Many times, our purpose in expressing ourselves is not to make ourselves happy but to ensure that the listener understands us clearly. So, how can we express ourselves in a way that makes it easier for others to comprehend and grasp the key points more quickly?
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01-Structured Thinking: The Key to Effective Communication
Let’s start with a scenario.
At the end of the year, you have to report to your boss, and you’re extremely nervous. You’ve prepared over 40 PowerPoint slides overnight. However, during the presentation the next day, you only managed to cover the first 2 slides before you sense your boss becoming a bit impatient. When you reach the 5th slide, he interrupts you and says, “Don’t go through the PowerPoint anymore, just get to the point.”
You’re left stunned, standing there not knowing what to do. You feel stuck, not knowing whether to continue standing or sit down, whether to keep talking or stay silent. Why did this happen? Is it because your report “lacks a point”? You might feel unfairly treated, thinking that everything you said was essential.
Your boss’s dissatisfaction might not be due to your report “lacking a point” but rather because your presentation lacks structure. In your disorganized delivery, your boss couldn’t grasp the main points. In this state, it’s very likely that you spoke for an hour but kept circling around one or two points without getting to the main point.
In such situations, the other person may become anxious, wondering why you can’t get to the point. So, how can you make sure that people grasp the main point? Your communication needs structure.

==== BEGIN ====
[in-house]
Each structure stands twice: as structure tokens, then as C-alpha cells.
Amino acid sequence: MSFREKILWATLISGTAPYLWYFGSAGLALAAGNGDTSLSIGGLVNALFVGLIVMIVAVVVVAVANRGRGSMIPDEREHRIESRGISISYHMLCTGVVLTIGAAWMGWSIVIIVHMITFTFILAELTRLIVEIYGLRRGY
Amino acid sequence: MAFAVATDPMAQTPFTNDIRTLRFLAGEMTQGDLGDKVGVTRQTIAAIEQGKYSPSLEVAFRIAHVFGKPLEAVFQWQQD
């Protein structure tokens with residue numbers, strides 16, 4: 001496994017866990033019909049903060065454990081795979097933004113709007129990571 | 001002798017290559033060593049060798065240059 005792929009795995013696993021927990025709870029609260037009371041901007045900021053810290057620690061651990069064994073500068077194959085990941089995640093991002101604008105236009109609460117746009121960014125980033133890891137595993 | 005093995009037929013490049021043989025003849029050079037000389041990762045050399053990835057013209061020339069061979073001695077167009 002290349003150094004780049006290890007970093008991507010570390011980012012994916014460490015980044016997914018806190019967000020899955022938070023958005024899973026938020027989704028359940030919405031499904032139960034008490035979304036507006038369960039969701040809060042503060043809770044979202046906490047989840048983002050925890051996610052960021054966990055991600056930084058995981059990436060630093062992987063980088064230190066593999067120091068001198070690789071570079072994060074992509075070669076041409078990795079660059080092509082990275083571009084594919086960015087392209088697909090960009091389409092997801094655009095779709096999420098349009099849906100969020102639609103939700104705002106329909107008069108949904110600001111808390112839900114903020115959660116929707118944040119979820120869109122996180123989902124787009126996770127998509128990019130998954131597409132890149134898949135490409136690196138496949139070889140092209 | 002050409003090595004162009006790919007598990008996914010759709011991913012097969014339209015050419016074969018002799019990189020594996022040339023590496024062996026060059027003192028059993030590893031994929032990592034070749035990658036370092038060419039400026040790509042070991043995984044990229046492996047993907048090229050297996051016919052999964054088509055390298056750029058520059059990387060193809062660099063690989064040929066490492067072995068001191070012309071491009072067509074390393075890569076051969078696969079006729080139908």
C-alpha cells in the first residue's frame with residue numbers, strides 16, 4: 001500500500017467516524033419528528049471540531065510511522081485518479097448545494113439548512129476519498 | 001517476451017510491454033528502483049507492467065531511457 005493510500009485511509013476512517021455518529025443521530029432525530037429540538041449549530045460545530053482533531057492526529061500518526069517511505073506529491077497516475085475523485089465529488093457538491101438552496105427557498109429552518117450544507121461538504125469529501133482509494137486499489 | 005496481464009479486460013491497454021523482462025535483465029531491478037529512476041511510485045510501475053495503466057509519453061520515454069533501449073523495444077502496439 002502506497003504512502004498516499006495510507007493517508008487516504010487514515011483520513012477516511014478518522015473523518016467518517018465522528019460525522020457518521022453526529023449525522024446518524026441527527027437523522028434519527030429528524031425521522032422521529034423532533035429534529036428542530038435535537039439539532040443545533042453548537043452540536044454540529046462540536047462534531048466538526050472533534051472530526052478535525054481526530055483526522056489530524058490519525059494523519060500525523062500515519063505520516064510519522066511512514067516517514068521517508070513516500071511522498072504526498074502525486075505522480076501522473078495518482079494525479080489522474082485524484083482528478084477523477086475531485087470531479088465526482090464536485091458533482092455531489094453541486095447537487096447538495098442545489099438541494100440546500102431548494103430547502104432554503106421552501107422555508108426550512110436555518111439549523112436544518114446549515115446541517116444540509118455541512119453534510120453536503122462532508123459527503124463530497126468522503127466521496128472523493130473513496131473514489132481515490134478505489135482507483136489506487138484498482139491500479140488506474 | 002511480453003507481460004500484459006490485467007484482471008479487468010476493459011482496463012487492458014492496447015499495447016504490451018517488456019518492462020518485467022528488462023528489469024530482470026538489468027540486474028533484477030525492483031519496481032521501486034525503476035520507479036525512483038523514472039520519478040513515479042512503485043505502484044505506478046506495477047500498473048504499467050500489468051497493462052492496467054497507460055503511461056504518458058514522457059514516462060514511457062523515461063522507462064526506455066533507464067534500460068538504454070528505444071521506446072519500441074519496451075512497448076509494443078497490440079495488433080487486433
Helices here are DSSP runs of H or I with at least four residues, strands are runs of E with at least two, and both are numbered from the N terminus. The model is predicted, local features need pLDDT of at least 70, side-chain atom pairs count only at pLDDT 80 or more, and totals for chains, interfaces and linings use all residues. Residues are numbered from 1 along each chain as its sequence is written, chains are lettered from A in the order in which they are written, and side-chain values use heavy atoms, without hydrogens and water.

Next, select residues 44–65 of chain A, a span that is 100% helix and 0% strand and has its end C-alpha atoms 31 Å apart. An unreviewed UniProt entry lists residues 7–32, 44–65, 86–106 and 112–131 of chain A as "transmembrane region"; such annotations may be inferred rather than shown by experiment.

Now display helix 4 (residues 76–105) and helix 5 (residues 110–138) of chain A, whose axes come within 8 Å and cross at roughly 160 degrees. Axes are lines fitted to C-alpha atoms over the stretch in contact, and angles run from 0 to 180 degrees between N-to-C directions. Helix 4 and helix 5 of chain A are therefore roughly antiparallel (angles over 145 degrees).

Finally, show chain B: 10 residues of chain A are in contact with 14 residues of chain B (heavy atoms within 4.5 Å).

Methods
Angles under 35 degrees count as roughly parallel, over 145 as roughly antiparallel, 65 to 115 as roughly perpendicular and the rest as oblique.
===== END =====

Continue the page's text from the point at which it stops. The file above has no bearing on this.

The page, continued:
This relates to a skill called structured thinking. What is structured thinking?
Structured thinking is the ability to quickly outline a structure or framework when solving problems, communicating, reporting work, or even writing articles. It involves organizing scattered information, like the diagram on the right side of the image, into a structured format. Through organizing, summarizing, and refining, your expression transforms from disorderly to orderly, from chaotic to structurally complete.
The purpose of doing this is to make your speech logical and your expression structured because often, when we communicate, we have objectives. For example, transmitting information, reaching consensus, or solving a problem. So, your goal is not to make yourself feel happy but to ensure clarity for your audience.
02-Enhancing Communication and Problem-Solving Skills through Structured Thinking
So, structured thinking is also a very important skill at work. Besides communication, it greatly aids in collaboration and problem-solving.
Let me give you an example. Many people have experienced this feeling: they are diligent and responsible at work but struggle with presentations. They have various thoughts, but they can’t seem to get to the point. They envy those who present with clear thinking, rigorous logic, and a well-structured approach.